After Disputed Elections, What's Next For Thailand?

Prime Minister Yingluck Shinawatra\'s re-election looked all but certain a few months ago, but low voter turnout could undermine any win for her.
Posted at 8:52 AM, Feb 02, 2014

Thailand's national election came to a close Sunday — though no one is likely to agree on who actually won.  

Prime Minister Yingluck Shinawatra's re-election looked all but certain a few months ago, but low voter turnout this weekend could undermine the legitimacy of any win for her. (Via Channel News Asia)

With little chance of winning themselves, the opposition Democrat party urged its supporters to boycott of the elections. They've been calling for Yingluck to be replaced with an unelected council. (Via Channel 4

Anti-government protesters reportedly kept candidates from registering for about 30 seats in the parliament. Al Jazeera explains this means the parliament will not reach the quorum it needs to re-convene. (Via Al Jazeera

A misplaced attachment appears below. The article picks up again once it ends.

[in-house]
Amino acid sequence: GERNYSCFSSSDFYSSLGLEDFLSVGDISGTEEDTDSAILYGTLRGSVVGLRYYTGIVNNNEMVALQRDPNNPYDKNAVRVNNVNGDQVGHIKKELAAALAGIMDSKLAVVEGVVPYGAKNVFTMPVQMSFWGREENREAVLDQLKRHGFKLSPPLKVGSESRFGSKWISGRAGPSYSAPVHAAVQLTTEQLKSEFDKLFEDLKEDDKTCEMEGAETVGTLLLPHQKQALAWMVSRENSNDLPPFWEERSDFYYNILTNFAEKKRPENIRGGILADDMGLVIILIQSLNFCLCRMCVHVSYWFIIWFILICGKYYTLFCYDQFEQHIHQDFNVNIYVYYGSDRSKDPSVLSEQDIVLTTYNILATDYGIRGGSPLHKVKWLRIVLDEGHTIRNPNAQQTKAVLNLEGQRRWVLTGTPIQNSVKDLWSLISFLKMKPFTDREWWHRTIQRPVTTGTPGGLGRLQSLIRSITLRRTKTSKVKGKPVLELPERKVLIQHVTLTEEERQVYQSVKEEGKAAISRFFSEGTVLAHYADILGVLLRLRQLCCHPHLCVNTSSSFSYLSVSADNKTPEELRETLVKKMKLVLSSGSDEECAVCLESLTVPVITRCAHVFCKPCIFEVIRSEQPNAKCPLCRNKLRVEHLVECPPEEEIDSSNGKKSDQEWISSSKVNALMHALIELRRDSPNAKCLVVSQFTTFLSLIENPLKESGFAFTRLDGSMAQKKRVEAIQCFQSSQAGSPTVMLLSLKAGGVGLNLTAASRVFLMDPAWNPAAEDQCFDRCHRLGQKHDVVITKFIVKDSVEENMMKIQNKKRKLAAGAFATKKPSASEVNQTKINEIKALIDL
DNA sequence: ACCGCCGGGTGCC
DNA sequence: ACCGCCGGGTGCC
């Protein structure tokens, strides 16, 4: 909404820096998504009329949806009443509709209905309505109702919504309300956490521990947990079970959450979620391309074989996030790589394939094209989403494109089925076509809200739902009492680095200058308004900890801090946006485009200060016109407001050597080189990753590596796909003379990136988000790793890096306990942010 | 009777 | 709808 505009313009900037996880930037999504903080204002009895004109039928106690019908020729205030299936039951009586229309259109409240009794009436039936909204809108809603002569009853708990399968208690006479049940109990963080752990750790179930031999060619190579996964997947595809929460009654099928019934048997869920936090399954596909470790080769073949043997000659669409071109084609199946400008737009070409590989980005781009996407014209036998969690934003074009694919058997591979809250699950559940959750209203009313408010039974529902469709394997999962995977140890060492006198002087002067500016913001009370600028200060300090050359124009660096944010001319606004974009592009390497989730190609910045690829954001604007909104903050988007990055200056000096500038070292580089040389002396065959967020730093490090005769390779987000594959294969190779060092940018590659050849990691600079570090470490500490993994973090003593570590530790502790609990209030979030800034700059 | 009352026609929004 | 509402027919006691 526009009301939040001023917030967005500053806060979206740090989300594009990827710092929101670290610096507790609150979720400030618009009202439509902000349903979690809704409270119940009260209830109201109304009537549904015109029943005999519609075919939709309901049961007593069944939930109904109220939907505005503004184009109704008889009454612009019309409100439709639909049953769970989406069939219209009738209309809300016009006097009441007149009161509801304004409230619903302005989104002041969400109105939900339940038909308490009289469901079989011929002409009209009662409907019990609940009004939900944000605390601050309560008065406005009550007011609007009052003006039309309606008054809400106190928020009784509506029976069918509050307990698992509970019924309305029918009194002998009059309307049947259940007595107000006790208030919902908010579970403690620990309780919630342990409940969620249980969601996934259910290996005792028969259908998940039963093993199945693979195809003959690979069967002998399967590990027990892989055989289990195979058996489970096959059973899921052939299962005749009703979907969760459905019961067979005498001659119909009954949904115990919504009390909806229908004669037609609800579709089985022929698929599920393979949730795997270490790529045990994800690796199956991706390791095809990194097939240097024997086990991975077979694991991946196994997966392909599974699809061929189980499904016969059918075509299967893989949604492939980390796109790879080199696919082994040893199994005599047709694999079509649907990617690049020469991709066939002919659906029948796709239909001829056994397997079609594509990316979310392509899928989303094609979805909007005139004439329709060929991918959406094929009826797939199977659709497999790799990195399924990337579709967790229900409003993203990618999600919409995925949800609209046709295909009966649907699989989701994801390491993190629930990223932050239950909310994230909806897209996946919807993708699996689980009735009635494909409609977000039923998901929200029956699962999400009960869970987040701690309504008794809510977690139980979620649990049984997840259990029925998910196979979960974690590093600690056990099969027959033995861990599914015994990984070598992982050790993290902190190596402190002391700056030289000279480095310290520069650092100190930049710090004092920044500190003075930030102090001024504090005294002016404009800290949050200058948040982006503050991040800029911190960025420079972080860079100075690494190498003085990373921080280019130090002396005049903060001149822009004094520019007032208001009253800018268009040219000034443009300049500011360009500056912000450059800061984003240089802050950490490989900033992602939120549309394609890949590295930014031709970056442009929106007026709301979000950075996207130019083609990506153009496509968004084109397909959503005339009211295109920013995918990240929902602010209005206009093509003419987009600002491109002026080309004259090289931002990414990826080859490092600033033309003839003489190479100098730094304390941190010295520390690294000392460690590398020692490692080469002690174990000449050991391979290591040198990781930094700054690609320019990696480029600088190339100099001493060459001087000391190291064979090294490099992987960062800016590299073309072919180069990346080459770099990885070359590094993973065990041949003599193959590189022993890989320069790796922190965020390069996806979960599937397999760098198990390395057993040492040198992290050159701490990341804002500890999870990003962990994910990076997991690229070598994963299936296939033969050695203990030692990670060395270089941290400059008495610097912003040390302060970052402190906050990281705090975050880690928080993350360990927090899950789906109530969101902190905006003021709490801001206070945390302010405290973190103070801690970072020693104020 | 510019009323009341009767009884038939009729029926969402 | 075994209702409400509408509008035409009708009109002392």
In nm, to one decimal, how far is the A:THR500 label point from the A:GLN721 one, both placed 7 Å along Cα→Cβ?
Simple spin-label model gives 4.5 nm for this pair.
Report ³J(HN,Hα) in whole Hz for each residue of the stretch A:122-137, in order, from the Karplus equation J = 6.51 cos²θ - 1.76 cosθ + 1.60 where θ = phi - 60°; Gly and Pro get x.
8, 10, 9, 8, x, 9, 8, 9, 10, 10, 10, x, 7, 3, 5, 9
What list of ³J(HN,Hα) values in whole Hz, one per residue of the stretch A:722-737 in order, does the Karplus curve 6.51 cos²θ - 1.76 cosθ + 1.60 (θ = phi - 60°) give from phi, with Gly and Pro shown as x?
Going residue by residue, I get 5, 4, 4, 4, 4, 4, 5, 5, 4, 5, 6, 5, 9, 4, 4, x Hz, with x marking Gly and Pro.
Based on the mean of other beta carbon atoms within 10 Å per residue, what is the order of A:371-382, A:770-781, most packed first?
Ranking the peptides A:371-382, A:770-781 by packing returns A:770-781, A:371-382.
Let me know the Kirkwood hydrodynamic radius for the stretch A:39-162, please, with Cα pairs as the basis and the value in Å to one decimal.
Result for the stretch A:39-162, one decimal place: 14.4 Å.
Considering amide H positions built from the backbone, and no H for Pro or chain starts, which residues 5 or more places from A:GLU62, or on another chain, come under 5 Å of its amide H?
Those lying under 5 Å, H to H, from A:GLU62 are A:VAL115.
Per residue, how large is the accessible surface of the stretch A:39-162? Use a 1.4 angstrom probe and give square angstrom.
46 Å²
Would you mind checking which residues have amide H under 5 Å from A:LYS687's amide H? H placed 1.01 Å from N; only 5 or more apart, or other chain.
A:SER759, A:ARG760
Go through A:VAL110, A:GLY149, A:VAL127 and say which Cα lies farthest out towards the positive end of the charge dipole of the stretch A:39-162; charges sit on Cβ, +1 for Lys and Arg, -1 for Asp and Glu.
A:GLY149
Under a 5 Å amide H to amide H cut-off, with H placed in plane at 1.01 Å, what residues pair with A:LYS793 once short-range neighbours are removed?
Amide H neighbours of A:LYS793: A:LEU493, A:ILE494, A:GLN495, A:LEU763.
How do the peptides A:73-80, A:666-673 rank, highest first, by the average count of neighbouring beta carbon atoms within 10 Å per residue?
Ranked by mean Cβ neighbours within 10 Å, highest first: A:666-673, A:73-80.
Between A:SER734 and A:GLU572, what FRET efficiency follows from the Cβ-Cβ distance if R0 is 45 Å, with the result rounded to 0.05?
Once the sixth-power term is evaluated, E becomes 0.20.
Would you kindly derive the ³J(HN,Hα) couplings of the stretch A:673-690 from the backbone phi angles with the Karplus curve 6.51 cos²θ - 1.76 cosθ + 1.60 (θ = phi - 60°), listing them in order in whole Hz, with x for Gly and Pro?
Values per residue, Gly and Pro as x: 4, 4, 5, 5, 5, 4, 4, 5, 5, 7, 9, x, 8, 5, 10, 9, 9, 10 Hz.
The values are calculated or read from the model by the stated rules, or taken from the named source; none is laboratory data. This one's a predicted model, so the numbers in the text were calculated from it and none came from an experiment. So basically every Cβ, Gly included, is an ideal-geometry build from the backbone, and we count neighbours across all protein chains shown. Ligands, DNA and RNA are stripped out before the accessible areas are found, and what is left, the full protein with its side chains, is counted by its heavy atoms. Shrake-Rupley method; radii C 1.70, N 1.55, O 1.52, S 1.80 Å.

And without enough legitimately-elected lawmakers, a new government could not be formed, and the prime minister would be left in a caretaker role.

So, in an attempt to avoid a repeat of the violence during early voting last week, Yingluck deployed some 10,000 police officers to Bangkok Saturday. (Via RT)

Still, seven people, including two journalists, were wounded during clashes between police and protesters. It's just the latest instance of violence in the protests that have left 10 dead since November. (Via Bangkok Post

The protests were triggered back in October by Yingluck's attempt to pass a now-shelved amnesty bill that would open the door for the return of her billionaire brother, Thailand's former Prime Minister Thaksin Shinawatra. He was ousted in a military coup eight years ago, and now lives in Dubai to avoid going to prison for a corruption conviction. (Via World Economic Forum / Moritz Hager,U.S. Department of Defense / Helene C. Stikkel)

The anti-government protesters take issue with Thaksin’s populist politics and accuse his sister, Yingluck, of basically running a puppet government for her brother. (Via ITN)

A disputed election would leave Yingluck and her entire cabinet in a caretaker role for the next few months until by-elections are held in the districts where protesters obstructed the voting.